Closer check on charters
The messy scene unfolding around Kestrel Heights School is an object lesson in why North Carolina’s rapidly increasing charter schools need closer oversight.
This week, the state’s Office of Charter Schools, in a reprimand to Kestrel Height’s failure to follow open meetings laws, reduced its charter extension from five years to three.
The school’s opaque operations not only violated the law, they have deepened questions surrounding turmoil at the school. Last month, the school’s board of directors declined to renew the contract of Tim Dugan, school founder and high school principal. Several popular teachers were cut loose, and students, staff and parents have had difficulty getting explanations.
Shortly after, Richie Mitchell resigned as executive director and middle school principal.
The board tapped David Malechek to be interim executive director and high school principal. But Malechek after just two weeks bailed out of the mess.
Compounding the problems is the board’s insular nature. It is self-perpetuating, choosing new members without participation of parents or staff. It has, the state’s letter shortening its charter extension documented, failed to provide proper notice of meetings, has rebuffed people who asked to speak, has failed to keep official minutes at some meetings and has failed to disclose actions.
If these problems were unique, it would be troubling enough.
But other examples abound. Earlier this year, Mecklenburg County Commissioners reacted with alarm after a school there ran up $600,000 in bank loans and unpaid bills shortly after opening.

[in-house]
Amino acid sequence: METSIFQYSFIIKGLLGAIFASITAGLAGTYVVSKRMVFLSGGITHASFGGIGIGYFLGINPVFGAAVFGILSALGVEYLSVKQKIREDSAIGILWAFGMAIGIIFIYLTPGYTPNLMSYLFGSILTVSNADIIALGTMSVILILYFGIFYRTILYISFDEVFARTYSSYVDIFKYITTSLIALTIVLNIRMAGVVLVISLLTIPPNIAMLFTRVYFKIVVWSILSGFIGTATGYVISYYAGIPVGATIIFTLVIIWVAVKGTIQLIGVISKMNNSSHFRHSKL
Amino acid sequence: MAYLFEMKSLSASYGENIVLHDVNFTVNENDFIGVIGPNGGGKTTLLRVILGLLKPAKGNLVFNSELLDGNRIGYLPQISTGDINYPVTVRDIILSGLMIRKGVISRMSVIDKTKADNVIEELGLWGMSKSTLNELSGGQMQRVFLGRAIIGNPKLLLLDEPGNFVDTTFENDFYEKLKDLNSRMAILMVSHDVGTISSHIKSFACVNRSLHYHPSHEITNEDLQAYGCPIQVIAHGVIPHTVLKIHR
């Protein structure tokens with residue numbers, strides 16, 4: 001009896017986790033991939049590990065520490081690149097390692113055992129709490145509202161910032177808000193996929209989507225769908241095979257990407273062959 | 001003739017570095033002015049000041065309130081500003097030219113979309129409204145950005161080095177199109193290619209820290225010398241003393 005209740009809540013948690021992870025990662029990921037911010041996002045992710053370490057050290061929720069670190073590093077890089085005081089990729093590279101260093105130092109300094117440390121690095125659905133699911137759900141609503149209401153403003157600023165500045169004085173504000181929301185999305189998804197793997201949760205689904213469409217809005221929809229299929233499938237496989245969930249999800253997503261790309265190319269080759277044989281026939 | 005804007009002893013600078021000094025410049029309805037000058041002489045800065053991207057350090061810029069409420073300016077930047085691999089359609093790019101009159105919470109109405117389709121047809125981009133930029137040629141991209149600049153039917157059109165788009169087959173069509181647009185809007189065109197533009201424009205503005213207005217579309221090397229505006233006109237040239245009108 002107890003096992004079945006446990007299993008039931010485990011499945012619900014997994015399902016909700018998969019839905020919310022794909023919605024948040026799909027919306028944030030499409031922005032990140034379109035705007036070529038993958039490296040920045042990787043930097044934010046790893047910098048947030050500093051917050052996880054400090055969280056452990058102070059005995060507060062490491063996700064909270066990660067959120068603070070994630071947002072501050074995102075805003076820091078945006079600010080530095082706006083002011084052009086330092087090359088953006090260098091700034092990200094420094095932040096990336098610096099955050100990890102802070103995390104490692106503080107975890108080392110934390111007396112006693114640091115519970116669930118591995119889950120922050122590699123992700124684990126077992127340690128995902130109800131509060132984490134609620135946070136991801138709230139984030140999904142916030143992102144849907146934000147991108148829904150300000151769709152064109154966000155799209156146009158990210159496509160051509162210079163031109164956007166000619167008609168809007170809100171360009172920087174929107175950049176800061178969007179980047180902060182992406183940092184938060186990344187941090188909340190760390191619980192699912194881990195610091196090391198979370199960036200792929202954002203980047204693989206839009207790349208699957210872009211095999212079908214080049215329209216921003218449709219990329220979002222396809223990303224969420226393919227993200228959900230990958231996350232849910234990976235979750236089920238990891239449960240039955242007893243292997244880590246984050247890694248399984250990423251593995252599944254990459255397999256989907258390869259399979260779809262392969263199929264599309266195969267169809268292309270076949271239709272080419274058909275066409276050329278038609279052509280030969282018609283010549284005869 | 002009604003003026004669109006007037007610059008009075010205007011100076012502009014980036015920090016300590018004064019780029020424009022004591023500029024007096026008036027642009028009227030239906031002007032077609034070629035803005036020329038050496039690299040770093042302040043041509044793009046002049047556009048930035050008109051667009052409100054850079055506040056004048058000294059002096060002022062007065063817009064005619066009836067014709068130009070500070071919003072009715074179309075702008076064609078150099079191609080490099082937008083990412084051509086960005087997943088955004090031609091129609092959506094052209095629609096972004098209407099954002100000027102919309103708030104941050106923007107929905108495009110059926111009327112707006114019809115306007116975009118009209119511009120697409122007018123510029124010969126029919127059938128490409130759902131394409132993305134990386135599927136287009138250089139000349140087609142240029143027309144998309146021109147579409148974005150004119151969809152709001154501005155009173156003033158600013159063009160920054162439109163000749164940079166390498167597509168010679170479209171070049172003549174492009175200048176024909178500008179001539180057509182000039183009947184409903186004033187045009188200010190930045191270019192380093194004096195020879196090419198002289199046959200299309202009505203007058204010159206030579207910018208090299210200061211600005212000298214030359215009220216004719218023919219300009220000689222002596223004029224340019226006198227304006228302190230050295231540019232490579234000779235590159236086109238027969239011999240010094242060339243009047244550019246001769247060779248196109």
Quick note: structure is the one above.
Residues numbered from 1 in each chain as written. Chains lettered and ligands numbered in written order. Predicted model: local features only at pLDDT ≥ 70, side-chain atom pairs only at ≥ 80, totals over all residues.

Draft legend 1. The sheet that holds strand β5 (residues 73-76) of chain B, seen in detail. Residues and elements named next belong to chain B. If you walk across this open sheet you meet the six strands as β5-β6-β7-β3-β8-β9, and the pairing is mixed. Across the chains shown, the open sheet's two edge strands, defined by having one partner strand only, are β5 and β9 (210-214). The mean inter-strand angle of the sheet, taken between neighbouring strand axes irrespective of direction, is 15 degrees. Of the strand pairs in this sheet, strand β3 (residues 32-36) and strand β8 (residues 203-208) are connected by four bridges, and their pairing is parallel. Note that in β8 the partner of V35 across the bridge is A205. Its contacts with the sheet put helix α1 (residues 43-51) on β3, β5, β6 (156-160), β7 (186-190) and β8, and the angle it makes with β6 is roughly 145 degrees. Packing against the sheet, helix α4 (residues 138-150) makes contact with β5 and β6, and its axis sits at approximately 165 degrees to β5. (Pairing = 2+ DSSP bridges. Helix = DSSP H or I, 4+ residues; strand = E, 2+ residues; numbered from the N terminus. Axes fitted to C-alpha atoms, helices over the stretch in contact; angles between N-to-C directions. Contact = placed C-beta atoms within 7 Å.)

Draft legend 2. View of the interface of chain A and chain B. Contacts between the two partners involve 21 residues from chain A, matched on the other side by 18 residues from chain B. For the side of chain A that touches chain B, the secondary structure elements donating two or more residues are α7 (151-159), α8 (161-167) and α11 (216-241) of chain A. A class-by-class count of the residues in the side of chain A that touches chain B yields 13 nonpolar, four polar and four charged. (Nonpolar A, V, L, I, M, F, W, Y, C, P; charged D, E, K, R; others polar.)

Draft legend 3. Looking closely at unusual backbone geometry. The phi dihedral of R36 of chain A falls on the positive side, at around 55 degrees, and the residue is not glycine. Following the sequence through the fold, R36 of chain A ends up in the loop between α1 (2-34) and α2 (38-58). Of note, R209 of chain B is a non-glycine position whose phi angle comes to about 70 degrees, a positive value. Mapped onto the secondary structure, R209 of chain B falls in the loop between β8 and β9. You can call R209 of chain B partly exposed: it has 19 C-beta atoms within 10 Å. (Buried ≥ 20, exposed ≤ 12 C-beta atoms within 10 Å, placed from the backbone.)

“How effective can the oversight be if the charter school can get into so much trouble so quickly?” the Charlotte Observer quoted Commissioner Dumont Clark as asking. “What about those kids? It seems to be a terrible waste of tax dollars.”
Earlier this year, The Herald-Sun’s Greg Childress reported on PACE Academy, a troubled school whose student body was made up in part of prep basketball players from afar who enrolled there while they played for a for-profit basketball camp. State officials eventually recommended the school lose its charter.
The Winston-Salem Journal reported last year in a similar arrangement between a basketball factory and a charter school in that city. N. C. Policy Watch, which also reported on that situation, wrote:
“N.C. Policy Watch investigation found two-thirds of the players on Quality Education Academy’s basketball rosters from 2008 to present came from other states and nations to attend the K-12 school. Their educations were subsidized by taxpayers who sent $13.2 million in state, federal and local funding to the school for the same time period…”
The state charter school office, stretched thin for years, has been even more challenged by the torrent of charter schools coming on-line.
Many local officials have suggested that school boards or county commissions should have increased oversight authority for these schools spending public money.
While many charter schools are doing a fine, even outstanding job, too many appear to face serious issues. Parents and the students whose education they entrust to those schools deserve better than what they are getting.